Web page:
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Beneath our sheath of skin is an internal world both vast and complex. While most of us rarely get to see it, these workings of our systems and organs are the daily viewing of pathologists, particularly when it comes to disease. A new book of photography takes us into our own interiors, and shows that even with their horrid ravaging of our bodies, there is some beauty in these afflictions.
“Let me be very clear, in no way do we mean to glorify disease, but it is part of the human condition,” co-author of Hidden Beauty: Exploring the Aesthetics of Medical Science Norman Barker explained. Yet he elaborated that we’ve all experienced diseases in some way, whether in our own lives or someone we know. Cancer, Alzheimer’s, kidney disease, heart attacks, and infections are not unfamiliar to us, but their structure in our bodies is often invisible.
Barker, who is Associate Professor of Pathology and Art as Applied to Medicine at the Johns Hopkins University, collaborated on the book with Christine Iacobuzio-Donahue, a professor of pathology, oncology, and surgery also at Johns Hopkins. His job title might seem curious, but he noted that art and anatomy “have always had a close relationship” and that “during the Renaissance artists and anatomists were often the same person.” For example, he pointed out that one of the most famous drawings of the 16th century was the frontispiece of anatomist Andreas Vesalius’s De Humani Corporis Fabrica (1543), showing the dissection by Vesalius of a woman’s corpse. Later, people would pay to enter Dutch anatomy theaters to see the interior of human bodies. This interest hasn’t left us, even if the cross between direct research on the human body and art is not as close as it once was, and science remains a very visual study.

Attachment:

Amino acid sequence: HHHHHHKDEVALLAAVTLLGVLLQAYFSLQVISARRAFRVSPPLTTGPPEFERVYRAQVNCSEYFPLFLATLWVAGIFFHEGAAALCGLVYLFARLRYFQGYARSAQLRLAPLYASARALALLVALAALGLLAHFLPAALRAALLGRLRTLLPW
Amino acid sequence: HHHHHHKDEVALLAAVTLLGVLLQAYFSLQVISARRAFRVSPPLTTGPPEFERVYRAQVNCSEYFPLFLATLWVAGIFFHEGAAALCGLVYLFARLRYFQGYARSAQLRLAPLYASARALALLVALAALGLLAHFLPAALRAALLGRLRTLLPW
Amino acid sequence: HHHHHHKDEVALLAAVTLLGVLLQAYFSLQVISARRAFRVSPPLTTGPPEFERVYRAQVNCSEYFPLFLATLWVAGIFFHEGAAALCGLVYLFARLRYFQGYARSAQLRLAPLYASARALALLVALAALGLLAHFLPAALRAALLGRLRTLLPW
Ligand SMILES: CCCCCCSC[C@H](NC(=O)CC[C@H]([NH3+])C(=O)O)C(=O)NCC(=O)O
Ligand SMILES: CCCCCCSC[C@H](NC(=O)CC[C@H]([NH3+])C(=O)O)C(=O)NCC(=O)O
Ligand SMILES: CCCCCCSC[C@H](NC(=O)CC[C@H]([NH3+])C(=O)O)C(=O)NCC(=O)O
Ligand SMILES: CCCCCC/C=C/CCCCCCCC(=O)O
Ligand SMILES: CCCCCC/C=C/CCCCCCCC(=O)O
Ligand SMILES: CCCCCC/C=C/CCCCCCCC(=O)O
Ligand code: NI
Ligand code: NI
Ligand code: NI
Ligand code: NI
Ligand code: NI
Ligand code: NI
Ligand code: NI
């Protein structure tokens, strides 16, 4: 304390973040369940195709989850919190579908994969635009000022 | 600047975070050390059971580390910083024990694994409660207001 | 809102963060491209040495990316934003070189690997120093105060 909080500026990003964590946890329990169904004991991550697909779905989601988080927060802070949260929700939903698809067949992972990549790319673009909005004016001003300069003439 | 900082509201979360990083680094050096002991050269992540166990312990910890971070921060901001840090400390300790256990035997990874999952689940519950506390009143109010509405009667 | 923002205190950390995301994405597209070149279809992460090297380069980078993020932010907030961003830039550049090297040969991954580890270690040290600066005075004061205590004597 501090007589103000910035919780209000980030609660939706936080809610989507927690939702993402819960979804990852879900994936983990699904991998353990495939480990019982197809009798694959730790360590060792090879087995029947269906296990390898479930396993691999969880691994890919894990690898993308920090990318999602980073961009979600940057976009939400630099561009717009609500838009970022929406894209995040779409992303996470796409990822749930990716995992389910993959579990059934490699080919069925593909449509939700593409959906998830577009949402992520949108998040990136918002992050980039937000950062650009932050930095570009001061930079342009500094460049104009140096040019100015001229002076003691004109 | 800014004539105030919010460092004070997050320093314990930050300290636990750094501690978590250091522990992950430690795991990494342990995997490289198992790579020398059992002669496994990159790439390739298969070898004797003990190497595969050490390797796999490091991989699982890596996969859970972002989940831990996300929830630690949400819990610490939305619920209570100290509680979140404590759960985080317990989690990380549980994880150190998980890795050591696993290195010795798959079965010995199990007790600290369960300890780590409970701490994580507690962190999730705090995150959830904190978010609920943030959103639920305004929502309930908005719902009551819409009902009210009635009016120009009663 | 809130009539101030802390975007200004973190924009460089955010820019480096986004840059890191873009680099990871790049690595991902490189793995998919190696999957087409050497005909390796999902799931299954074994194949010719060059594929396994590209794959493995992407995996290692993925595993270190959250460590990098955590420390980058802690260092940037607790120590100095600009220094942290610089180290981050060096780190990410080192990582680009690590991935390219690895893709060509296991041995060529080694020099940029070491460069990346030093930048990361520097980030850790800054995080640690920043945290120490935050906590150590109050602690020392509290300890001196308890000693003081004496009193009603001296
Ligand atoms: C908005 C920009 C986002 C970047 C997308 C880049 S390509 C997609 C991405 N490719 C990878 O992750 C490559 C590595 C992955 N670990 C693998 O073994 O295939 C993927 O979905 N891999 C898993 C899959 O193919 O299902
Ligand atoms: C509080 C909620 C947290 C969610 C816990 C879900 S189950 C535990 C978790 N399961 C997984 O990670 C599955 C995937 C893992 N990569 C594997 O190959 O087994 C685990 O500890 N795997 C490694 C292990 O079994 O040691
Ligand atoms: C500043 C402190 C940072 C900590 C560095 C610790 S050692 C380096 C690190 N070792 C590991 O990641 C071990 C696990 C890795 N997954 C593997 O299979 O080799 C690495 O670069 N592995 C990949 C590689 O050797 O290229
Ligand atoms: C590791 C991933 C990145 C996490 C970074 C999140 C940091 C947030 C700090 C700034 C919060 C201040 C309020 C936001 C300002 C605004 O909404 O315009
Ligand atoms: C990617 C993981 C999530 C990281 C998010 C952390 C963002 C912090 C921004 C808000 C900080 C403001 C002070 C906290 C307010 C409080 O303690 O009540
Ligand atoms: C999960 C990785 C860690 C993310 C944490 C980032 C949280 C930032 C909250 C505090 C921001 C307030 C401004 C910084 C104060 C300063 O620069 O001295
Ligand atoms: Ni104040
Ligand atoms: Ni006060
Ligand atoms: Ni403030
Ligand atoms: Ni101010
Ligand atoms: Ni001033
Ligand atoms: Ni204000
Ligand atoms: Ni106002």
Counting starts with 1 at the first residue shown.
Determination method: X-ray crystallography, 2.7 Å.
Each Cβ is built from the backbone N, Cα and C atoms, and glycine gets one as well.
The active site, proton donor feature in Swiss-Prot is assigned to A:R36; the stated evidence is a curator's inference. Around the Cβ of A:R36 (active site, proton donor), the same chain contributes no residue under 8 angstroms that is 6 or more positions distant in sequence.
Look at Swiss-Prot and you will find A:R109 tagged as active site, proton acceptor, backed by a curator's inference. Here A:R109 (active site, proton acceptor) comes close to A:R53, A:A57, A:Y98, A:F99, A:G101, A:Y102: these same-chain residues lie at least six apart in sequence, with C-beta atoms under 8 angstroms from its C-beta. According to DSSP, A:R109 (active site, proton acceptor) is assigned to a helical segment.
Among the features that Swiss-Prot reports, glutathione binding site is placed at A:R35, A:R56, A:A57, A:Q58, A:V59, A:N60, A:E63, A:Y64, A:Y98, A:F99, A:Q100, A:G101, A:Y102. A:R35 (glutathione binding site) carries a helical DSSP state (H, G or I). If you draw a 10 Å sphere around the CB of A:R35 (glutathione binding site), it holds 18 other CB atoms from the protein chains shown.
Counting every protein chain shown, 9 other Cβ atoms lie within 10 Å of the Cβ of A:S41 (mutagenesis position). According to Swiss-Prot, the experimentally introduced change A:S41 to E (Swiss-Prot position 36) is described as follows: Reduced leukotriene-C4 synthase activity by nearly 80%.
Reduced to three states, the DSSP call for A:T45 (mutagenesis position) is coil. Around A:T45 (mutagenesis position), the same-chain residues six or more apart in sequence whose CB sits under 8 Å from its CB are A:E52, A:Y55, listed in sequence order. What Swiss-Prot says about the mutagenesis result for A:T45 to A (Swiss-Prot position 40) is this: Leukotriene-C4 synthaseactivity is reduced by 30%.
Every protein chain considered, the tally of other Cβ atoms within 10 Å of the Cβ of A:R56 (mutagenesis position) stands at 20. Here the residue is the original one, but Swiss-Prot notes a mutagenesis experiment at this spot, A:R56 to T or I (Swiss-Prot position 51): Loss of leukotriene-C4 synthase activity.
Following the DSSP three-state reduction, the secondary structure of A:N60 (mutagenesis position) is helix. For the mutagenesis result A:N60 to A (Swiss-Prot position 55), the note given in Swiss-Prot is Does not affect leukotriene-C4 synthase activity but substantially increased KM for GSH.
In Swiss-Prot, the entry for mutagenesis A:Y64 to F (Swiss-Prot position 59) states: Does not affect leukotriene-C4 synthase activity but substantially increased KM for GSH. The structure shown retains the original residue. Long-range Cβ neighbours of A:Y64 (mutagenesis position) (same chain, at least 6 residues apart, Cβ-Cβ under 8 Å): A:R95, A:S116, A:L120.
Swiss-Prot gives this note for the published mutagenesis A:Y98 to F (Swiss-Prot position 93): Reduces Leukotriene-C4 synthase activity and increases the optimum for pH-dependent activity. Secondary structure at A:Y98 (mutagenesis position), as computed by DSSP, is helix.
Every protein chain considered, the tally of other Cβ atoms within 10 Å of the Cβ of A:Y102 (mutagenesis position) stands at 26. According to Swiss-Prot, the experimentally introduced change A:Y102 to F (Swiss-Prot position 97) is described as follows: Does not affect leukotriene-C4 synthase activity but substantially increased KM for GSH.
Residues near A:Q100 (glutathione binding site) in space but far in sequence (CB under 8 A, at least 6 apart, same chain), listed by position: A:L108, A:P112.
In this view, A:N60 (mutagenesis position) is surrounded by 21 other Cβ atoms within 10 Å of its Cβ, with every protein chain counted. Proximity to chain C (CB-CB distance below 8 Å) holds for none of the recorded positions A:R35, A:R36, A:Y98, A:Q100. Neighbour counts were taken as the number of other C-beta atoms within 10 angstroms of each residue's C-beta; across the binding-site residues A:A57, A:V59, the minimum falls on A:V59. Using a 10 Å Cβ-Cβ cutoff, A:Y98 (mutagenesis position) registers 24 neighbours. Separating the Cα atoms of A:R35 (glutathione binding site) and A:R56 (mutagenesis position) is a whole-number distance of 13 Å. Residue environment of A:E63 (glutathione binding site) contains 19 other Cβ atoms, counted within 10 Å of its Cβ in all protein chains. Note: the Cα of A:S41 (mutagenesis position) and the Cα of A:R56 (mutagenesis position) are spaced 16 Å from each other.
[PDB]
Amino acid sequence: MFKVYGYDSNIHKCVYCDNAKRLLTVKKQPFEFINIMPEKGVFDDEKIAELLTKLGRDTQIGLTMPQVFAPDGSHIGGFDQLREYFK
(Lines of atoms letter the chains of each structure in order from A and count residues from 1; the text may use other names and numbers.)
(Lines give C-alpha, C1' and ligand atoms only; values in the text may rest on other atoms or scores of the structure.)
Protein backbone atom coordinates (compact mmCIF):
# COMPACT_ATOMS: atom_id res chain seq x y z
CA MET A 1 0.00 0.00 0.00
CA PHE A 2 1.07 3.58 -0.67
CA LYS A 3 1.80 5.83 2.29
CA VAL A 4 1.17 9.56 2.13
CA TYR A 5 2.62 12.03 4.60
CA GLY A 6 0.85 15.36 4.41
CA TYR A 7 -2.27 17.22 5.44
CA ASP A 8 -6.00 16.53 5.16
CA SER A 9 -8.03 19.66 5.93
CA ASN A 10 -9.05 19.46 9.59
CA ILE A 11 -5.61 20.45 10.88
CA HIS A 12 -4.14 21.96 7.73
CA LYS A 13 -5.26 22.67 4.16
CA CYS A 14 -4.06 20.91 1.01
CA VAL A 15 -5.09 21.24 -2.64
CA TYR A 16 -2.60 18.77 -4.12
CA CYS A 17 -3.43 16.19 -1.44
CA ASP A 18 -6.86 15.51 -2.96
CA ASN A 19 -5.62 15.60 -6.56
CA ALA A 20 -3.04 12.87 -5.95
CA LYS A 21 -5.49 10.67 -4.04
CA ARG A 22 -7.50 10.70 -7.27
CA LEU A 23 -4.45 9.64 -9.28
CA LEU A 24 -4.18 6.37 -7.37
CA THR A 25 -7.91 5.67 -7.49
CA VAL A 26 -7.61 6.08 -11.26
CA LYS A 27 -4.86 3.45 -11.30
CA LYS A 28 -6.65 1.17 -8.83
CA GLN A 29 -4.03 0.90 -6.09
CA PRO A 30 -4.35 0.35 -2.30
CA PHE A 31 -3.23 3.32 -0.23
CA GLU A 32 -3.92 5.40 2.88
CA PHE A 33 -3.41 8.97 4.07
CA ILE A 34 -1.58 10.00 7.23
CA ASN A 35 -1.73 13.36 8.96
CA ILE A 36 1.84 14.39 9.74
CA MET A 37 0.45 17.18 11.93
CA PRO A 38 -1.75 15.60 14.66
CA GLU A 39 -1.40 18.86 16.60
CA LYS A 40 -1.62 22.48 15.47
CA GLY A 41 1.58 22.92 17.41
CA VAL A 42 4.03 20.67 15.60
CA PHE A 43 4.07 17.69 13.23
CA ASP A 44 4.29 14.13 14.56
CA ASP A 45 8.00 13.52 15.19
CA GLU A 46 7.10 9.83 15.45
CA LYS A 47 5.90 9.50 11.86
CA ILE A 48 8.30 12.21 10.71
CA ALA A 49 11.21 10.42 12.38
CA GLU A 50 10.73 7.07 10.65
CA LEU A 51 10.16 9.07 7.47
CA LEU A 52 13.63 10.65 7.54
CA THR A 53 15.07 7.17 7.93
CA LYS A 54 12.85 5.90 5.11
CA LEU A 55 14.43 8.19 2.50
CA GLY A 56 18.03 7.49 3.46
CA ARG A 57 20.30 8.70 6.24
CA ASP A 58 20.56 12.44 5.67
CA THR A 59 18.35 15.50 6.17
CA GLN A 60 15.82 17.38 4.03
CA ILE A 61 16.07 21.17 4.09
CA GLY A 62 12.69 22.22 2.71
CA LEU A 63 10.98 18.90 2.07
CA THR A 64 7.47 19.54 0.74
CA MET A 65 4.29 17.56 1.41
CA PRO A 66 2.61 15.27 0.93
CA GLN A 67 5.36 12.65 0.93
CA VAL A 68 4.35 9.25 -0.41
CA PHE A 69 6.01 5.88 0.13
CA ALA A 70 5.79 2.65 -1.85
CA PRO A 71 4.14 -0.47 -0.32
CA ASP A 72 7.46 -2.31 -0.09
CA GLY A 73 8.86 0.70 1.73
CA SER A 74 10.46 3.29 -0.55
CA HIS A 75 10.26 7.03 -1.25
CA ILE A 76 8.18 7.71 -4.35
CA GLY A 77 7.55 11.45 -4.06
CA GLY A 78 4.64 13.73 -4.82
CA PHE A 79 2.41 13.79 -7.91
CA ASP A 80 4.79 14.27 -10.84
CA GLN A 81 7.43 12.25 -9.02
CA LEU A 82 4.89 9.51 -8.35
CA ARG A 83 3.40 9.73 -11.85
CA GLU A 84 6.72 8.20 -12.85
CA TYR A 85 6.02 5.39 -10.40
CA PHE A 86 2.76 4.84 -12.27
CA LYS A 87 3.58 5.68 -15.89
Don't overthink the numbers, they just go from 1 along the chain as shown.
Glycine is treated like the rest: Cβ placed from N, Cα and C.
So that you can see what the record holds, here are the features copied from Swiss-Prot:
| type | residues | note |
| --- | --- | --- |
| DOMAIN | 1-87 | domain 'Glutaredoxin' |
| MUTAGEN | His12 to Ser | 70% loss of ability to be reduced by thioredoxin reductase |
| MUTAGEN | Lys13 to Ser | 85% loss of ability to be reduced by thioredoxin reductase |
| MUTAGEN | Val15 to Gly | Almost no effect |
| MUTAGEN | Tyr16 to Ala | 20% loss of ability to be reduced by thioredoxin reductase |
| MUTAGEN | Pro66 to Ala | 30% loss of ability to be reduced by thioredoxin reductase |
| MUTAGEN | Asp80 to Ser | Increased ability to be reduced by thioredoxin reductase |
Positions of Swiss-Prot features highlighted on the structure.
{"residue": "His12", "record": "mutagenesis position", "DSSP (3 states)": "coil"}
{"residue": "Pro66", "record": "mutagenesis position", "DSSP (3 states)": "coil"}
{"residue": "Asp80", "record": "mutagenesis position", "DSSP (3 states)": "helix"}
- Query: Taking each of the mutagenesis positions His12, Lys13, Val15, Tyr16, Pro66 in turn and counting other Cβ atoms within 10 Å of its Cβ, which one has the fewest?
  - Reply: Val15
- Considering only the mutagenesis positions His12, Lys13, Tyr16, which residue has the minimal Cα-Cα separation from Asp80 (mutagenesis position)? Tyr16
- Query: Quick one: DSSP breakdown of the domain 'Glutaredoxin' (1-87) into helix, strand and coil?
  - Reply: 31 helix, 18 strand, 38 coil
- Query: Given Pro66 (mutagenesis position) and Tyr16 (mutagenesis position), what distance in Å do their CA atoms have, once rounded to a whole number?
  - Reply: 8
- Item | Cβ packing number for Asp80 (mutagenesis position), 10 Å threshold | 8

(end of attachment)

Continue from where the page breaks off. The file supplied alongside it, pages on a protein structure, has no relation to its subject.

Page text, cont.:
Photographs from Hidden Beauty are currently being exhibited the Johns Hopkins University School of Medicine and will later travel to the Mütter Museum in Philadelphia. They include a variety of imaging techniques, such as a cancer cells revealed by Spectral Karyotyping or electron microscopy. While the original intention wasn’t that they be visual art, the diagnosis images have striking views of forms and a diversity of structures, so that it’s astounding that they all came from the human body. Nevertheless, the goal of the book is not just to show the entrancing dimensions of such things as a lung riddled by smoke inhalation or the worn lattices of osteoporosis, but to explain the diseases in an accessible context as well. It’s by really seeing these diseases and the inner-workings of ourselves that we can have a better understanding of what’s happening beneath our surfaces.
“The human body is a magnificently complicated machine,” Barker stated. “We feel privileged to have a behind the scene tour of the human body everyday. We also feel privileged to work with men and women who have devoted their lives to science and find a cure for many of these diseases.”
Hidden Beauty: Exploring the Aesthetics of Medical Science is available from Schiffer Publishing.